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The City’s Free, But Watching It Will Cost You

The most illegally-downloaded movie for the past two weeks was not Inception, nor was it an early copy of The Expendables. Instead, it was Sex and the City 2, according to TorrentFreak. Which leads to some puzzling questions. Are BitTorrent users still geeky young men, just poorly-informed geeky young men, men who see Sex in a title and download it before they realize that the average age of the City women is 47? Or has the demographic of BitTorrent’s hackers and outlaw-downloaders become older and more female? And if women over 35 are grabbing illegal downloads of Carrie Preston’s adventures, would they want the world to know?

Like anything involving sex, it teases the connection between guilty and pleasure.

One notable scene in Sex and the City 2 has Samantha in the Dubai souk. Samantha’s designer bag comes open and spills a ton of condoms on the ground; she makes a speech about being a sexually liberated woman and mocks traditional Muslim female garb. The scene caused a stir, and was denounced as anti-Arab.

When the movie was in theatres, I emailed a friend of mine who works in the United Arab Emirates to ask what the reaction was there, but my friend never emailed me back. Maybe the email was blocked because it had the word Sex in the title. That’s certainly a possibility. The UAE government blocks some internet traffic, and this week the UAE announced it would stop BlackBerry email service in October because the government can’t read the emails sent or received. Yet while the UAE is at a crossroads between tradition and the contemporary world, their BlackBerry directive received special media attention because Westerners view it as an authoritarian, Closed Society.

I predict BlackBerry/RIM will accommodate, and will give the UAE government some access. After all, here in the US, our emails are open to government eyes too. We may live in an Open Society, where websites aren’t blocked and we can look anywhere and download anything, an Open Society means that what we do is public and transparent. Our email and text messages are stored by the companies that carry them. Every website we visit is stored by our Internet providers. (Yes, friends, every porn site you’ve ever been to.) Every movie we download, illegally or not, is tracked. All of this information can be accessed with a court order, and under the Patriot Act court orders may be secret. We cannot really know what our government authorities are looking at.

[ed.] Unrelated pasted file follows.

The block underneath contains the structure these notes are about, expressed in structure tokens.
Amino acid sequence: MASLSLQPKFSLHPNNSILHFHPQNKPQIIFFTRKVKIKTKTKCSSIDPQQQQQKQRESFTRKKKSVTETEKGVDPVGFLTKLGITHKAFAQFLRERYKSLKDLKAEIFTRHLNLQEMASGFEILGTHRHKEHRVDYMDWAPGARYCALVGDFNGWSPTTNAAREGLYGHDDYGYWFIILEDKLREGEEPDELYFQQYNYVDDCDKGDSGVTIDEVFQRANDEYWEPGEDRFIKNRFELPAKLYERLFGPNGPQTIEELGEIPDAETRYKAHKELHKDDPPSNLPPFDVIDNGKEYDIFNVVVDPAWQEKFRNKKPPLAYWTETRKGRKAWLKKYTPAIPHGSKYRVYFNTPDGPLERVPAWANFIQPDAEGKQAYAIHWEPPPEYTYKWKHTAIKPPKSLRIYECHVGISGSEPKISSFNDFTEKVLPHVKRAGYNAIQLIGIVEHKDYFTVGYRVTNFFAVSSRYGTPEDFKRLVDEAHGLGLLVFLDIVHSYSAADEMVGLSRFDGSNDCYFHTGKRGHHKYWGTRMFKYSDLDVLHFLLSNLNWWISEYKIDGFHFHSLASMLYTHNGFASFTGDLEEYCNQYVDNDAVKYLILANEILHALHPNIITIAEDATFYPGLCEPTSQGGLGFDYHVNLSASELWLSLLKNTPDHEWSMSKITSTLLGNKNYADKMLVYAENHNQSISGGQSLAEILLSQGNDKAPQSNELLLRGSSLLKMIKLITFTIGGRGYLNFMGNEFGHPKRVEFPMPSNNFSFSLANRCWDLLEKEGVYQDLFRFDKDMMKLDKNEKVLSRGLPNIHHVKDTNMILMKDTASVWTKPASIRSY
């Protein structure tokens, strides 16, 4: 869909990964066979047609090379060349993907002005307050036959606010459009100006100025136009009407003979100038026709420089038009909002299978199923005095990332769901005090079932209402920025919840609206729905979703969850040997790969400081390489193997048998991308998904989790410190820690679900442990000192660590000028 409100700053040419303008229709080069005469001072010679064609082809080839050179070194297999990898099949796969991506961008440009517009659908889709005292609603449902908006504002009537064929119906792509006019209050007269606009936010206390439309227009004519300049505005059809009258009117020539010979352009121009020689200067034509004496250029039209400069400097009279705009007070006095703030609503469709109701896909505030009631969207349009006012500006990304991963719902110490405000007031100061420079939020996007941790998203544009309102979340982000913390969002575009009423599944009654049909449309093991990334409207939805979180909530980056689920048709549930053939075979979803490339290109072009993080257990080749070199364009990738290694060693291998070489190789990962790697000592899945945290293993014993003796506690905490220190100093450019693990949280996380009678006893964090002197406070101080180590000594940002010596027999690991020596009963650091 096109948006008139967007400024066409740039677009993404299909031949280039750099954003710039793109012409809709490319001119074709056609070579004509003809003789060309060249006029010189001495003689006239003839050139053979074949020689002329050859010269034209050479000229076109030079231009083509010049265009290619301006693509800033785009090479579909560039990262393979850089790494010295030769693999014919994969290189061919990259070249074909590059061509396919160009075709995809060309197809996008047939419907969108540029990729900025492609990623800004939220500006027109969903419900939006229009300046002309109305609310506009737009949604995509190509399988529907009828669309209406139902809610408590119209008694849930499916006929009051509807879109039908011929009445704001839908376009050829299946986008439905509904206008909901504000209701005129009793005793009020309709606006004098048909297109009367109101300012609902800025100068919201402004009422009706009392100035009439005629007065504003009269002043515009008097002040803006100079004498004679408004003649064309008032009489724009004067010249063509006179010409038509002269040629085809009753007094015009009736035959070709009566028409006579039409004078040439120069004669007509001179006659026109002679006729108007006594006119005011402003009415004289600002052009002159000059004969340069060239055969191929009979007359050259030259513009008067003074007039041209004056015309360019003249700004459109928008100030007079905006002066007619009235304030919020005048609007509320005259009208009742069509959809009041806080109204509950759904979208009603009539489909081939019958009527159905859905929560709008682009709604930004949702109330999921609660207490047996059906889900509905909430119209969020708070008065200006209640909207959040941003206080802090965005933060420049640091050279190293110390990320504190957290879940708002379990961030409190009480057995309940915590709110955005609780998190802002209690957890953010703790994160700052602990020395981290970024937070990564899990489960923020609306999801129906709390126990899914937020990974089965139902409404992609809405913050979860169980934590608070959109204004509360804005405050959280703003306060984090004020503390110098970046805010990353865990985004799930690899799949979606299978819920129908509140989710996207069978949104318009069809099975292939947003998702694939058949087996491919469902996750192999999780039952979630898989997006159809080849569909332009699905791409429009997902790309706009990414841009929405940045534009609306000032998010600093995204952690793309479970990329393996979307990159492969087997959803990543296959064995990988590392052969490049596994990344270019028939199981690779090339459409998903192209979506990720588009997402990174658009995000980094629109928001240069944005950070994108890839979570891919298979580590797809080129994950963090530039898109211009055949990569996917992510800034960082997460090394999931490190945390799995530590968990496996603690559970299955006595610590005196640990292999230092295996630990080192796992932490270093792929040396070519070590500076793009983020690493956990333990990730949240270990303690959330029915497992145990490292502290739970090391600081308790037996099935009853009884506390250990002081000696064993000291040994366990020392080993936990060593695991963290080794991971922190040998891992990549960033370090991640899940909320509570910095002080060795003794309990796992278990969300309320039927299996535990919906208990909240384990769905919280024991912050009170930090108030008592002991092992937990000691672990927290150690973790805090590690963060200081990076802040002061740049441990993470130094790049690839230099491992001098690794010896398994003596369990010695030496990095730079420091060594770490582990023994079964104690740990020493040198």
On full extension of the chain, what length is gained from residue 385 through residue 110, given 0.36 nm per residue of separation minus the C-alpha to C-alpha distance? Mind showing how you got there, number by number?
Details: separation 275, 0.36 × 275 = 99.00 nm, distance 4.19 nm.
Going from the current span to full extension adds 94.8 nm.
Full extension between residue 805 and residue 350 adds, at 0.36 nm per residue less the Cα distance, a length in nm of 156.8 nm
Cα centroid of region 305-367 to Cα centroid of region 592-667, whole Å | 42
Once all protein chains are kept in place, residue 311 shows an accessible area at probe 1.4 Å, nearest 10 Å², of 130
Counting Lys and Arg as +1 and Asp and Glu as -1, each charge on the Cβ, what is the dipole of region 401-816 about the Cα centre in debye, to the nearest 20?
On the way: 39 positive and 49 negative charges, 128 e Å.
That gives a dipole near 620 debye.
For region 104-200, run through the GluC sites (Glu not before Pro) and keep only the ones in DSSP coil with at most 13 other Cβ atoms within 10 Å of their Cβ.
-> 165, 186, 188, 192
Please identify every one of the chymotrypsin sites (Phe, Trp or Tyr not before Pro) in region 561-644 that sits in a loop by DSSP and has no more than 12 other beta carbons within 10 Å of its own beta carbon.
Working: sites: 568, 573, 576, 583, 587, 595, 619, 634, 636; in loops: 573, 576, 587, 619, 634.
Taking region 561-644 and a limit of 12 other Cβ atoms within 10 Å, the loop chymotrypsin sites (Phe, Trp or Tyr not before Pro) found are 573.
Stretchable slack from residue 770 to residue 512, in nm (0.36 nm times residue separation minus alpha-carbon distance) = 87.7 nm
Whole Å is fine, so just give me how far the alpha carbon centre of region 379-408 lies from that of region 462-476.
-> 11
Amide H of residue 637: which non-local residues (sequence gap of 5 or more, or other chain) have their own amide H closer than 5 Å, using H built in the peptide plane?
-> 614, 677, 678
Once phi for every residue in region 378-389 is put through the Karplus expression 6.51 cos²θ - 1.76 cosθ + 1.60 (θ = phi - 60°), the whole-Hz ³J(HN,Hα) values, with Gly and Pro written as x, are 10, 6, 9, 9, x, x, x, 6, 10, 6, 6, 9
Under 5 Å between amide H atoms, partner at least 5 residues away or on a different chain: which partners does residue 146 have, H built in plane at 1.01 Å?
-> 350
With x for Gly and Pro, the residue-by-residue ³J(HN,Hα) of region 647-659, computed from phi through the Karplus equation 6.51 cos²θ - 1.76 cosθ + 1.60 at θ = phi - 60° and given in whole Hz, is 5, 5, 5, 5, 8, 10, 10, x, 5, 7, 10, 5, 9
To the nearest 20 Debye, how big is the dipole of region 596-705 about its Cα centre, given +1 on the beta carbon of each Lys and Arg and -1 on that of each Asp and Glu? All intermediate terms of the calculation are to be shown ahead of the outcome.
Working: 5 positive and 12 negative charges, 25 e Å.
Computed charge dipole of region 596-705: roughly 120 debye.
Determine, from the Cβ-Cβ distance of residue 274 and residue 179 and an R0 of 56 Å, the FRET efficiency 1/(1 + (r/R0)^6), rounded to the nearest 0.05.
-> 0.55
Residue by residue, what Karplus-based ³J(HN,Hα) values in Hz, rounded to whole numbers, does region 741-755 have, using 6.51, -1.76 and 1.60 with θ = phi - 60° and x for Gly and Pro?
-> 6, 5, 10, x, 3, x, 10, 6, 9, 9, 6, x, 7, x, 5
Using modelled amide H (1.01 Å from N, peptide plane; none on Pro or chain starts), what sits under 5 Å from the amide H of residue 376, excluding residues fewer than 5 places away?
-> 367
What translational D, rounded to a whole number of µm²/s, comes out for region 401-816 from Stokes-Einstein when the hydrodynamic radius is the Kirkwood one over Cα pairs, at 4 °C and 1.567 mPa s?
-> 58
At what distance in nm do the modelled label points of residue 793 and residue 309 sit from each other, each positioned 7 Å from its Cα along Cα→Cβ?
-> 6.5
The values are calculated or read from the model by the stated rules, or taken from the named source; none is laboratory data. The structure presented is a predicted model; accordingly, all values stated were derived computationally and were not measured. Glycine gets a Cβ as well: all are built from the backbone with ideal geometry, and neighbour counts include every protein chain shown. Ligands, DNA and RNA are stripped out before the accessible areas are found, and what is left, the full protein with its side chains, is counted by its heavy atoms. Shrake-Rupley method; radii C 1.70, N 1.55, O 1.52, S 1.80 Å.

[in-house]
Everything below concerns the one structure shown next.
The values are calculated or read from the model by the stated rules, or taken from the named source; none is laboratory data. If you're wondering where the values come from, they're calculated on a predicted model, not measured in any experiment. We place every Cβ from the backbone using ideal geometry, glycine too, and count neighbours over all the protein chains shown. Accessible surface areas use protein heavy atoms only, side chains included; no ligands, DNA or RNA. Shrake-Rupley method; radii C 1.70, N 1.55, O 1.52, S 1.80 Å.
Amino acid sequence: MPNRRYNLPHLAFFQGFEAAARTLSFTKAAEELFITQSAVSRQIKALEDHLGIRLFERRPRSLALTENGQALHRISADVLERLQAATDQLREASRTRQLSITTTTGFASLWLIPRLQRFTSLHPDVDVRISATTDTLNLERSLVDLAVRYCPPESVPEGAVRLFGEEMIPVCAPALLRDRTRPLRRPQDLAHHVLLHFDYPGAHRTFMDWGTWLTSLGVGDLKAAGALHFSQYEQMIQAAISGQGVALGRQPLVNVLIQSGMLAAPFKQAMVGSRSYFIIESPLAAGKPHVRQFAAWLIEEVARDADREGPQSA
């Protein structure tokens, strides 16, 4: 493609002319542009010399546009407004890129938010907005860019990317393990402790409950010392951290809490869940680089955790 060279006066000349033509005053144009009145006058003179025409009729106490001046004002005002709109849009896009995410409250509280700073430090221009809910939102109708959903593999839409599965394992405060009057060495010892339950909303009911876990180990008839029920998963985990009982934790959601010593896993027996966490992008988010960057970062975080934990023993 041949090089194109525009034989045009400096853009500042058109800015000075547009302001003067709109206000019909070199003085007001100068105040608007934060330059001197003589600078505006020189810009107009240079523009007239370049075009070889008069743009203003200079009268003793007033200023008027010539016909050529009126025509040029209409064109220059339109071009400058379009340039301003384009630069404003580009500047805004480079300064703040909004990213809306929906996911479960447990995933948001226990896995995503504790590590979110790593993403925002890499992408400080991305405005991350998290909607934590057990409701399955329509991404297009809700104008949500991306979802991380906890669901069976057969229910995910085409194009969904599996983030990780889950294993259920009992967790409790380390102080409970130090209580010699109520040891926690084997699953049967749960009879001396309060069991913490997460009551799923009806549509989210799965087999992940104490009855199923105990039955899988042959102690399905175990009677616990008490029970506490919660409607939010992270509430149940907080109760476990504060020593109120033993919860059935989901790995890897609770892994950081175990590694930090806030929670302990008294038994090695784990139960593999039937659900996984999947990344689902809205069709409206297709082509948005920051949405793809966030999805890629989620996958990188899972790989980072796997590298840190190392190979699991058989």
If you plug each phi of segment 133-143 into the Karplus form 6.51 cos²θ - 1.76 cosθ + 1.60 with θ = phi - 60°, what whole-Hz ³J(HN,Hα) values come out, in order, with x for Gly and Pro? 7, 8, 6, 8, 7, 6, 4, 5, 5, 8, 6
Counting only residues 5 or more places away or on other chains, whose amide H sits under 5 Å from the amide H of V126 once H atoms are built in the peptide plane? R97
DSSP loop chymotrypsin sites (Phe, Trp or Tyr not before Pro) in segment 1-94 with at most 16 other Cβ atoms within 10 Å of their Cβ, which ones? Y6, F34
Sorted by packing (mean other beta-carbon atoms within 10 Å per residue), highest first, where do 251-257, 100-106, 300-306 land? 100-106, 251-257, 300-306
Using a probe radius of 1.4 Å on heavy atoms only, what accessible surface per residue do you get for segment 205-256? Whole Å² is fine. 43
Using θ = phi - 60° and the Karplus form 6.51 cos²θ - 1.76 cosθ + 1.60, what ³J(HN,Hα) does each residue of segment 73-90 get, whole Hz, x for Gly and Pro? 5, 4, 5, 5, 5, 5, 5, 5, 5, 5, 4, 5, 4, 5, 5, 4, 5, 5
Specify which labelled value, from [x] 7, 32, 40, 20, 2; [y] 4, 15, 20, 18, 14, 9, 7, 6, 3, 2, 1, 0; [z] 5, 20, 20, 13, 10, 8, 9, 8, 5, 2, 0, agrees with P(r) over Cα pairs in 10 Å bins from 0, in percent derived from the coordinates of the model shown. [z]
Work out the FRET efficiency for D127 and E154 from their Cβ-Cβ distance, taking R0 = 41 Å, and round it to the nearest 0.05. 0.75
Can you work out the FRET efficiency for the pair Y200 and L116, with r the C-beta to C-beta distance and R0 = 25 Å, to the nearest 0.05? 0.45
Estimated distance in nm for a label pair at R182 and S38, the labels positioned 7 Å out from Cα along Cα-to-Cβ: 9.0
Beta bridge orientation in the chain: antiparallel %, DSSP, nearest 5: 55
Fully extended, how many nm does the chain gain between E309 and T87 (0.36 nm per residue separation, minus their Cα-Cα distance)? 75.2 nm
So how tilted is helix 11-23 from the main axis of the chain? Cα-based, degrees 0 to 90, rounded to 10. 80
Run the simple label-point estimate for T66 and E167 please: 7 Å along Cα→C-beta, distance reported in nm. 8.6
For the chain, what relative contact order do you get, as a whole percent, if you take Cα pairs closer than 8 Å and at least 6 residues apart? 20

In a world where everything is freely accessible, what we do and who we do it with, what we watch and listen to and what we say, can all be public. We don’t have the private secrecy of intellectual exploration. You may not think this matters, but I assure you that in Closed Societies, the privacy to investigate ideas and explore content on one’s own is prized beyond compare.

BitTorrent, the site from which Sex and the City 2 is being downloaded, has been around since 2004, and was a harbinger of the future, a future when all content would reside somewhere and be easy to get. That time is now, and that somewhere is called the Cloud. Of course, content owners don’t want consumers pulling files down for free. And so with some fanfare most of the movie studios have announced a partnership to form Ultraviolet, an industry standard for Cloud downloads. You can think of Ultraviolet as a locker with a key. You’ll have a locker in the Cloud, and you’ll pay to put content in it – content like music and movies. Then you can use your Ultraviolet Key from any device, from your TV or laptop or iPod or phone, and download the content you’ve paid for.

Ultraviolet will be good for the entertainment industry, and easy downloading will probably be its driving economic engine for the next seven years. By agreeing on Ultraviolet, the studios avoid the consumer confusion that would have been caused by different standards, as happened in the HD-DVD v. Blu-ray battles. And Cloud computing has immense, and positive, implications for all sectors of our economy and business, as Cisco described in a recent, smart white paper.

Many of the people who use BitTorrent use freely distributed, sophisticated techniques to conceal their identities, and some of them are pretty effective. But as we float in the Cloud using Ultraviolet Keys, there’s no protection for our privacy of curiosity and thought. Not even all the condoms in Samantha’s designer bag could do that.

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